“Oh Allah, take this oppressive, Jewish, Zionist band of people. Oh Allah, do not spare a single one of them. Oh Allah, count their numbers, and kill them, down to the very last one,” he said on air in 2009.
Elsewhere, Qardawi praised Hitler's treatment of the Jews (“even though they exaggerated the issue”) but stressed the Führer’s regret at not finishing the job. (More here).
Diverging editorial lines between AJA and AJE is nothing new. Former journalists who once worked on AJE have publicly spoken out on the unspoken rule among themselves and their efforts to distance themselves from their colleagues at AJA. (More here).
Abderrahim Foukara, the Arabic channel’s Washington bureau chief, has told the Council on Foreign Relations, the way the truth may be defined in the Arab world, and associate it with Al Jazeera, is not the way Americans, for example, would define the truth and associate it with, say, CNN or MSNBC or Fox. … Al Jazeera Arabic, because it is so connected to a turbulent part of the world, the tone is different … it's much feistier … The broad majority of Arabs identify with the channel, not only in terms of political coverage, but the nuances, the reading between the lines.
However Oren Kessler, researcher working with the Mideast Forum, replied: “In truth, the bulk of AJA’s content has all the nuance of a right hook to the jaw. The non-Arabic speaker is immediately struck by the station’s frenetic tone and imagery, and a viewer with even a moderate command of the language is likely to be all the more taken aback”.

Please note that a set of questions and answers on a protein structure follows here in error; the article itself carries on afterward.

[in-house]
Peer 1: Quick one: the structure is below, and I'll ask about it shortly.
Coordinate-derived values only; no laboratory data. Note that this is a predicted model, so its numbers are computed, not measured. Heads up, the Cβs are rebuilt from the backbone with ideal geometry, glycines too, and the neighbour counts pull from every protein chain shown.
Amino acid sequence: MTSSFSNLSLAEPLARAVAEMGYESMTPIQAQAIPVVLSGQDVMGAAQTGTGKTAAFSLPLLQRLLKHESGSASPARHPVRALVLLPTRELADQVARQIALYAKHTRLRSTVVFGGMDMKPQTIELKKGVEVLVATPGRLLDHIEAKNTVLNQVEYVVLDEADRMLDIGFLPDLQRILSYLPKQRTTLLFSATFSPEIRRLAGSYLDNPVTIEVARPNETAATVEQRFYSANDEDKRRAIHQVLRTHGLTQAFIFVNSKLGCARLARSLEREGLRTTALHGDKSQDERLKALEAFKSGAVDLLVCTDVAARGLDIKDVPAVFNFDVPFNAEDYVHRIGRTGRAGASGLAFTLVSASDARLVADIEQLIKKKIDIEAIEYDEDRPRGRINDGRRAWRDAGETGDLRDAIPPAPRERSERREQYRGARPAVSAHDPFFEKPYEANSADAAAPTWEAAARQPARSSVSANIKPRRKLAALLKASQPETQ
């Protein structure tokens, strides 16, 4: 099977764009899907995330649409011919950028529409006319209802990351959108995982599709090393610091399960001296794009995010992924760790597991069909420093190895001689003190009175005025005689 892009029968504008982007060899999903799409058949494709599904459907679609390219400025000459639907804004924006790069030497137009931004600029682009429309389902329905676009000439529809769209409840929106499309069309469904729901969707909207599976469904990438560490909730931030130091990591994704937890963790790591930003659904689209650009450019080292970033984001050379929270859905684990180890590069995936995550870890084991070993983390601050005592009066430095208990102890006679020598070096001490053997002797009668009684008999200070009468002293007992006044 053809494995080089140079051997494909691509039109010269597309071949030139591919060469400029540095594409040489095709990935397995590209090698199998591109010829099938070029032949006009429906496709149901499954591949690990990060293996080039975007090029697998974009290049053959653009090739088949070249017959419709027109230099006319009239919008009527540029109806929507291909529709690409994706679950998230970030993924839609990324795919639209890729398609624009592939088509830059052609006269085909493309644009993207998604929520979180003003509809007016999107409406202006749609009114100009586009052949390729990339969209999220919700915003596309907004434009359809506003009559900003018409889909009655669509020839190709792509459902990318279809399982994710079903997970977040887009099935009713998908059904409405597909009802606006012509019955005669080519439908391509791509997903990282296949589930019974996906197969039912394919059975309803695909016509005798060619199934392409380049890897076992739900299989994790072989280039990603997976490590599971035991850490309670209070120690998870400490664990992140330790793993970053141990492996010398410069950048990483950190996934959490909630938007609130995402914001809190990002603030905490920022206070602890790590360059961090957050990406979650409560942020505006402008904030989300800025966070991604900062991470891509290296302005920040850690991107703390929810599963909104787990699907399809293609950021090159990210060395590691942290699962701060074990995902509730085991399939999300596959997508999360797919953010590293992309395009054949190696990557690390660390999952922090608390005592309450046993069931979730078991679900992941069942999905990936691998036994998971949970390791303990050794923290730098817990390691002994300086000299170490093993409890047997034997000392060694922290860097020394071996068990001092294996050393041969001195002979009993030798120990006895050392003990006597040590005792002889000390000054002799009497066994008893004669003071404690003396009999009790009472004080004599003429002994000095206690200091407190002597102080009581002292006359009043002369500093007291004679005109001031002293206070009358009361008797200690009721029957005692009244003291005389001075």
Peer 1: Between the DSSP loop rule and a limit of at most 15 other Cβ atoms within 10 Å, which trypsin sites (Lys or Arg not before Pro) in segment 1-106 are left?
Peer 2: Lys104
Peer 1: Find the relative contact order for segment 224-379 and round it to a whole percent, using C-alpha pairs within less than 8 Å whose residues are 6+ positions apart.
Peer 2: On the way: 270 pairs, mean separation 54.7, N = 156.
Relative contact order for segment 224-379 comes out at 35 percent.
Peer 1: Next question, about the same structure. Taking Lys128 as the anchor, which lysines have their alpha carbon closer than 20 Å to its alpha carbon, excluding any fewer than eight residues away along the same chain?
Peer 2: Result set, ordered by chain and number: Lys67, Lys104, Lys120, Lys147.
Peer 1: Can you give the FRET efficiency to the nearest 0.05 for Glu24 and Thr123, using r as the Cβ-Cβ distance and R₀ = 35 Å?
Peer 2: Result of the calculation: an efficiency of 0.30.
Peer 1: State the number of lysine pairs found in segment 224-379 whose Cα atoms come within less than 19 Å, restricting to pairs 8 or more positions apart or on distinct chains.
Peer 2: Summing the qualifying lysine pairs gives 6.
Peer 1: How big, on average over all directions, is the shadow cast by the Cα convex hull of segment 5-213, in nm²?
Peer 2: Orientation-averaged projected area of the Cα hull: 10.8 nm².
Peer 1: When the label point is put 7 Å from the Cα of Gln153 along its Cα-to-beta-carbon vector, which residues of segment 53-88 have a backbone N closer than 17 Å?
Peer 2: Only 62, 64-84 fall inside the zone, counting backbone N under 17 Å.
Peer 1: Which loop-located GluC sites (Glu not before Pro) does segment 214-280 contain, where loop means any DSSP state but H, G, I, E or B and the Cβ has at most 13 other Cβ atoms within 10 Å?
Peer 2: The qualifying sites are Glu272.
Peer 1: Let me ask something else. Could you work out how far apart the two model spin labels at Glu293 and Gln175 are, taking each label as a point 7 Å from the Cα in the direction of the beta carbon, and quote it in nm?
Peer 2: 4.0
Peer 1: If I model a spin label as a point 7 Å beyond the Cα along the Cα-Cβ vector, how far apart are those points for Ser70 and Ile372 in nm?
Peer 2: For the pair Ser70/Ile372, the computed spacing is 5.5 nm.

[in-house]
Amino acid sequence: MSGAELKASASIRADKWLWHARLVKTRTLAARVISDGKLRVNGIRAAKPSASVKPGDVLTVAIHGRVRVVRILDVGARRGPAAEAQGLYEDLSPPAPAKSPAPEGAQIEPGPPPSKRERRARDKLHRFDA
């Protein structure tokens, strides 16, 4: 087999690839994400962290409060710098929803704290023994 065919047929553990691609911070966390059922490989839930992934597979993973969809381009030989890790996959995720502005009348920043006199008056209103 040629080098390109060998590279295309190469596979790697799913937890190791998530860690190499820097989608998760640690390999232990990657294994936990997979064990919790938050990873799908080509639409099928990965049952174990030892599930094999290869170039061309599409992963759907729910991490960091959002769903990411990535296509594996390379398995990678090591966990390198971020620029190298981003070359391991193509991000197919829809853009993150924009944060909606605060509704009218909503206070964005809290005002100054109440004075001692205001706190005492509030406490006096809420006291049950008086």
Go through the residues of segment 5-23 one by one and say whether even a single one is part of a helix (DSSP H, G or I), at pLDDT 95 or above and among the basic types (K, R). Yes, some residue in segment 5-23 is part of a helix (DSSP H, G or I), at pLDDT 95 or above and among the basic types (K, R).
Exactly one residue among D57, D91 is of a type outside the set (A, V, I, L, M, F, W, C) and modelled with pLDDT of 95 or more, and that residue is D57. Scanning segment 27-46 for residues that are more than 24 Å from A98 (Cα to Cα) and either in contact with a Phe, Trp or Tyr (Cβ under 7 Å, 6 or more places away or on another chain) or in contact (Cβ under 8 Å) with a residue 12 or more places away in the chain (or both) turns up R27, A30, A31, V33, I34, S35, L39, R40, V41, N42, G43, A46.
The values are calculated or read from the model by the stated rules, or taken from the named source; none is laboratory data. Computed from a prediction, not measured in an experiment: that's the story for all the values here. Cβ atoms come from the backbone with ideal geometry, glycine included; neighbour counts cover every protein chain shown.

Ruben Banerjee, who is a former senior editor at AJE online and now national editor at the Hindustan Times, wrote that his former network walked a thin line between journalism and activism.
The Al-Jazeera Arabic news website was launched on January 1, 2001, to meet Arab-speaking countries’ demand for online news from the Al-Jazeera brand, whereas the Al-Jazeera English website was launched on the eve of the war in Iraq, on February 16, 2003, to provide English speakers with war-related news from a non-Western perspective.
Accordingly, the majority (81.4 percent) of the English-language website’s users originate from the United States and other Western countries, whereas the great majority of users of the Arabic-language website (98 percent) are from the Arab.
Most scholars who have compared the English and Arabic websites widely concur that their outputs and broadcasting norms differ substantially. Studies found that Al-Jazeera Arabic is much more aggressive in its reporting of US affairs than the sanitized English version.
Others found that the Al-Jazeera Arabic website disseminated propagandist messages, whereas Al-Jazeera English presented a more balanced version of the same events.
Experts warned that Al Jazeera Arabic’s “encyclopedia” section on their website glorified Islamist personalities who encouraged attacks against civilians all over the world, while the English version simply called them terrorists.